From the previous examples, you are able to see some of the typical ways to punctuate the end of a quotation: punctuation mark first, then the end punctuation mark.

Yet some differences in end punctuation do arise depending on your geography.

If you write for an American audience, always place a period or comma inside the final quotation mark, regardless of the original quote. The following quote comes from Plato’s Apology. This is Socrates speaking to the court which just condemned him to death:

AMERICAN AUDIENCE: “You are wrong if you believe by killing people you will prevent anyone from reproaching you for not living in the right way.”

AMERICAN AUDIENCE: Perhaps we need to define “living the right way.”

If you write for a British audience, placement of the end punctuation mark depends on the original quote. So, if the original quote did not have the punctuation, you need to keep the punctuation out of the quote. Although some exceptions do apply (as if this isn’t confusing enough), like in fiction, the punctuation marks can live inside of the quotation mark.

BRITISH AUDIENCE: Perhaps we need to define “living the right way”.


Colons & Semicolons

Americans and Britons agree–keep them outside of the last quotation mark. Unless, of course, it is part of the original quotation. Let’s look at a quote from the Rig-Veda X, a creation story:

“When neither Being nor Not-Being was”: in the Christian tradition, this same idea reads differently but is uncanny in its similarity.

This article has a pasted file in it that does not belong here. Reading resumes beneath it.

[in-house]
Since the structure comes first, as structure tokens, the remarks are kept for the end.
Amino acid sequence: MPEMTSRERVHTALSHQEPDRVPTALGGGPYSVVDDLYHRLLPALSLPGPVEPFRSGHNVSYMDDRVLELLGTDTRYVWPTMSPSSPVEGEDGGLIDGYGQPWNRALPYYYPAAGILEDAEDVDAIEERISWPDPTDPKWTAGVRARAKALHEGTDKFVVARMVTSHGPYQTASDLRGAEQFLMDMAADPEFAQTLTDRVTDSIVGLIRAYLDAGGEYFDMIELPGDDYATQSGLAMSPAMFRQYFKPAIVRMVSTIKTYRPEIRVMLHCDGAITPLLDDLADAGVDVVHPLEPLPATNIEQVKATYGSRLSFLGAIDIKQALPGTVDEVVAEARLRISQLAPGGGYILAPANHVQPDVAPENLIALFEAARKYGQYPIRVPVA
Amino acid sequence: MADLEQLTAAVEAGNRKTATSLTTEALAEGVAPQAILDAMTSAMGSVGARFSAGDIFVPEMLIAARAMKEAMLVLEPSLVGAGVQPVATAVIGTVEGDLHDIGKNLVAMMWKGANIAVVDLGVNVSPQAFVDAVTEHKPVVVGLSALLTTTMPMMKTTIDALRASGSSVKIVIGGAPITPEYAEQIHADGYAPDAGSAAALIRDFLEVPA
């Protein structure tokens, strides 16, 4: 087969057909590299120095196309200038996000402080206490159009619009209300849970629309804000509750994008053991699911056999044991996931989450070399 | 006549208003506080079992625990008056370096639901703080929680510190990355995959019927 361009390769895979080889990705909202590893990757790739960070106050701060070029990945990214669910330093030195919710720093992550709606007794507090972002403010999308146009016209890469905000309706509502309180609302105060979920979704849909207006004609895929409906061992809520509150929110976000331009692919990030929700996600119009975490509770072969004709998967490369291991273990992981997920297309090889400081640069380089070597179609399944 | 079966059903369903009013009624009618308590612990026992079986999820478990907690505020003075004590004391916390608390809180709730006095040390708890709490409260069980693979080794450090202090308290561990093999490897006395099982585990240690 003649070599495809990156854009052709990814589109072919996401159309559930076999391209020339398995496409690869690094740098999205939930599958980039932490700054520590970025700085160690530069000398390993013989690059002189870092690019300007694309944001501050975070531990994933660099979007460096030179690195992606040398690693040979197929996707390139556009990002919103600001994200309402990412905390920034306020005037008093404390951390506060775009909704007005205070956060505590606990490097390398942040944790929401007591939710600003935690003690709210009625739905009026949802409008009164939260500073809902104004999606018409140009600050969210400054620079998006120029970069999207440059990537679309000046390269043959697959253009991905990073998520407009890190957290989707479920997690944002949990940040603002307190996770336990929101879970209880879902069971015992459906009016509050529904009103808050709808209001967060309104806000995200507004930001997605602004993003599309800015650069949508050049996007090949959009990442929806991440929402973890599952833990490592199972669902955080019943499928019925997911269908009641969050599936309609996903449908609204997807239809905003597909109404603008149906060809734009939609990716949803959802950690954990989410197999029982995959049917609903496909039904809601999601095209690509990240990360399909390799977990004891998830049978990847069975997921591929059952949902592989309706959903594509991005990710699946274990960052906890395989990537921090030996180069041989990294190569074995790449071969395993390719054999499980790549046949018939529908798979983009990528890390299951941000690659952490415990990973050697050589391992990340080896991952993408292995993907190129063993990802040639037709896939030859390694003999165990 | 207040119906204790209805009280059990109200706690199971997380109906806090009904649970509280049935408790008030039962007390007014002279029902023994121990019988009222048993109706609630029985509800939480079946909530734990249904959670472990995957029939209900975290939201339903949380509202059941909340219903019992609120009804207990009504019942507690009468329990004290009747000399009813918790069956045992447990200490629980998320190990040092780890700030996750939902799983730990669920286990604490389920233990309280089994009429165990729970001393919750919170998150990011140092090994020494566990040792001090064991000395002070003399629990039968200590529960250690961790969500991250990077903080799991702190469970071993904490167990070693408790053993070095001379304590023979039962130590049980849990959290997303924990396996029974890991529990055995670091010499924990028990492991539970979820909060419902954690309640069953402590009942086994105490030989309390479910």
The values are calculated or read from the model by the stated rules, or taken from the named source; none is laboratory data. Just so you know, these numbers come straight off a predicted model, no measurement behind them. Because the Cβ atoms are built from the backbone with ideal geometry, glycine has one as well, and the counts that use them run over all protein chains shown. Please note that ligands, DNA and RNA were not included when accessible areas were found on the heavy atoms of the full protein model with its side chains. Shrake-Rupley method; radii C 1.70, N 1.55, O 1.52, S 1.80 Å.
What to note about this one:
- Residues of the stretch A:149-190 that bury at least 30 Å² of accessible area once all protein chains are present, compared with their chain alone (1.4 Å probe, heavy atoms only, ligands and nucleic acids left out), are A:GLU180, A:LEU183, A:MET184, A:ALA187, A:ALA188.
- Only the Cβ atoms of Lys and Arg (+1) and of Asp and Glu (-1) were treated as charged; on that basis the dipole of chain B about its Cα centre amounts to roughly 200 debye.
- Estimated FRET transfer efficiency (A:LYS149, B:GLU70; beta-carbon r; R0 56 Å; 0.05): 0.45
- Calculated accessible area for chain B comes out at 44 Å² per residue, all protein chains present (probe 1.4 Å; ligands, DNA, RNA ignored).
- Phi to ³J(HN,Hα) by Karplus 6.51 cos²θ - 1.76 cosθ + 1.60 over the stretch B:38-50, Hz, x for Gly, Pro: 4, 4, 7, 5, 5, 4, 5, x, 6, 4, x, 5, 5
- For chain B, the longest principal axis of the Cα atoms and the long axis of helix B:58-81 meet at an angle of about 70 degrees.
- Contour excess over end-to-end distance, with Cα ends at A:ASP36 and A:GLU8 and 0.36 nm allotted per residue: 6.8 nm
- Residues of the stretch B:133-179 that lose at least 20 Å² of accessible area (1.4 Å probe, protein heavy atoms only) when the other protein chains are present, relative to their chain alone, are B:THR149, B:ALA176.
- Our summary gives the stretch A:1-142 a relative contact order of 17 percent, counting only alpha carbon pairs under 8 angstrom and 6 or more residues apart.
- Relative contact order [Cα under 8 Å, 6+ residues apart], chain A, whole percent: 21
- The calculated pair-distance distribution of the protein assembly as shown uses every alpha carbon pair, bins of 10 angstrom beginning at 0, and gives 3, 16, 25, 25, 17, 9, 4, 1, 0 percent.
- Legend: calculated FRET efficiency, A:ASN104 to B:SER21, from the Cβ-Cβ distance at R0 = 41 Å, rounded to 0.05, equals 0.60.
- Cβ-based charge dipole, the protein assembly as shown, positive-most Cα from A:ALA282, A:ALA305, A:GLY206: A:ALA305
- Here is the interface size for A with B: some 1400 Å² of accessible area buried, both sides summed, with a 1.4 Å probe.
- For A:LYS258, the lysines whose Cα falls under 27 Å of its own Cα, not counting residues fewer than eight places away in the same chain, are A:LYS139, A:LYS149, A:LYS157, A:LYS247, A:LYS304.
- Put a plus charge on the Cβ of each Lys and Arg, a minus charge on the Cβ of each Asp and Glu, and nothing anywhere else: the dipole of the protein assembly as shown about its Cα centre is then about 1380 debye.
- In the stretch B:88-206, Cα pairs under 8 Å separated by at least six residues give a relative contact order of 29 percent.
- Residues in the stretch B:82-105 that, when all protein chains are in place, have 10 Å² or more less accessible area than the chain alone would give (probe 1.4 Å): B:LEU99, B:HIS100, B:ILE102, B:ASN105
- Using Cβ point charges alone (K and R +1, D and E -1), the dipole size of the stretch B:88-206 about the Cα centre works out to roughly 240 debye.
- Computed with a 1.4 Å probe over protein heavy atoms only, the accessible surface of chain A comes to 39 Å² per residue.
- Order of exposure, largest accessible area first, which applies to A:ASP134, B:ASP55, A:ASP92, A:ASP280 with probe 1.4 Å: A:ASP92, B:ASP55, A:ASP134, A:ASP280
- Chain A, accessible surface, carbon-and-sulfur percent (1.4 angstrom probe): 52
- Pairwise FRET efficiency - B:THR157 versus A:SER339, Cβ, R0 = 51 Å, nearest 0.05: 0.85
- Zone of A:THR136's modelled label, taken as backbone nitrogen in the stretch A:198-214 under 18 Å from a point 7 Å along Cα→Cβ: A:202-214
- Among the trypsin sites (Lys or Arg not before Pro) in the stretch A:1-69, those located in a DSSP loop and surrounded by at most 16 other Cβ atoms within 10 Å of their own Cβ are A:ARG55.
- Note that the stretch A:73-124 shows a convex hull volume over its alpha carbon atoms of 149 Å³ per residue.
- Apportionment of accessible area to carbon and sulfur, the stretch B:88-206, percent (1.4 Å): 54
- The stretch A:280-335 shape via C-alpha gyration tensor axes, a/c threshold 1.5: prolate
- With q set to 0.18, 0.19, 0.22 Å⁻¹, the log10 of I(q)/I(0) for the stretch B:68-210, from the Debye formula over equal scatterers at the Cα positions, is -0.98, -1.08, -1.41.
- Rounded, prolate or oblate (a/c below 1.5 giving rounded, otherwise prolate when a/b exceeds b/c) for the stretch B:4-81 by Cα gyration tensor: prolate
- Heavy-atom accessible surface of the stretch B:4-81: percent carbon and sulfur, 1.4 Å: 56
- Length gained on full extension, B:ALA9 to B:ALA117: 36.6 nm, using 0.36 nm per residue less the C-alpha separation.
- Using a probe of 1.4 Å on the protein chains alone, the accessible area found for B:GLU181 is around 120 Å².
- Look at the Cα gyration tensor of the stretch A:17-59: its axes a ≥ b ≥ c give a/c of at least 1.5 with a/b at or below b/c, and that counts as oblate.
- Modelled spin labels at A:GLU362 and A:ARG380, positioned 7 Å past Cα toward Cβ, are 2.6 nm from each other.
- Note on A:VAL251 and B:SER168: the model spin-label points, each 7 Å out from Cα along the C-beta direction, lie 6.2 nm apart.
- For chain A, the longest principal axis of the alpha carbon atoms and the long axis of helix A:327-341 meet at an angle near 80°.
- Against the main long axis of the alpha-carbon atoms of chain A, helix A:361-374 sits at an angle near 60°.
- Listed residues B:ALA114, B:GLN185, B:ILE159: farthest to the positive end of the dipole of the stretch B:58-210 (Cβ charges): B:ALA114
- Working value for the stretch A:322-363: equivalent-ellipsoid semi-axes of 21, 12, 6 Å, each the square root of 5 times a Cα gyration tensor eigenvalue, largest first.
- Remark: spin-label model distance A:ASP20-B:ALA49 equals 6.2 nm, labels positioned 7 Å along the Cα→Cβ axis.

“What did it encompass? Where? In whose protection?”; these questions, though, are not found in the Christian Bible.


Exclamation & Question Marks

If the original text contained an exclamation or question mark, keep the end mark inside of the end quotation.

ORIGINAL TEXT: What did it encompass? Where? In whose protection?

CITATION: “What did it encompass? Where? In whose protection?”

But if the text did not contain an exclamation or question mark, and it is your addition, place the end marks outside of the end quotation.

ORIGINAL TEXT: Wise seers, searching within their hearts.

CITATION: But what does this line mean: “Wiser seers, searching within their hearts”?


 When to Use Quotation Marks



Quotation marks come in pairs, in multiple versions (single or double), and in multiple styles (vertical or curved). Most know that quotation marks are for letting everyone know that someone is speaking. We also know that quotes from a book or from a person should be surrounded by quotation marks. But there are some lesser known ways to use quotation marks that will help you to be more expressive in your writing.

In this post, we will look at when to use and not use quotation marks. Next week we will look at how to punctuate with quotation marks (not as straightforward as it sounds).


I. With direct quotations

Direct quotes come in two varieties: speech or citation.


This use is common in fiction or nonfiction when indicating what characters say aloud (although quotes can also be used to signify internal thoughts too), and in news articles and magazines when quoting an interview.

“Hello, who is it?” asked Major Maulthweitz.

“It’s Honey Bee,” came the response on the other side of the door.

“Honey Bee, who?” said Major Maulthweitz with a questioning look.

“Honey, be a dear and bring me my coat,” said Major Maulthweitz’s wife.


This occurs when writers copy other writers word-for-word with no changes. Writers do this to provide support for an idea, provide proof of a thesis, to analyze a text, to refute another author, or merely to express an idea in more eloquent language than the author may be able to.

Kundera begins his novel not with setting or character or plot, but rather with philosophy. The Unbearable Lightness of Being begins here: ”The idea of eternal return is a mysterious one, and Nietzsche has often perplexed other philosophers with it: to think that everything recurs as we once experienced it, and that the recurrence itself recurs ad infinitum!  What does this mad myth signify?”


II. For titles of small works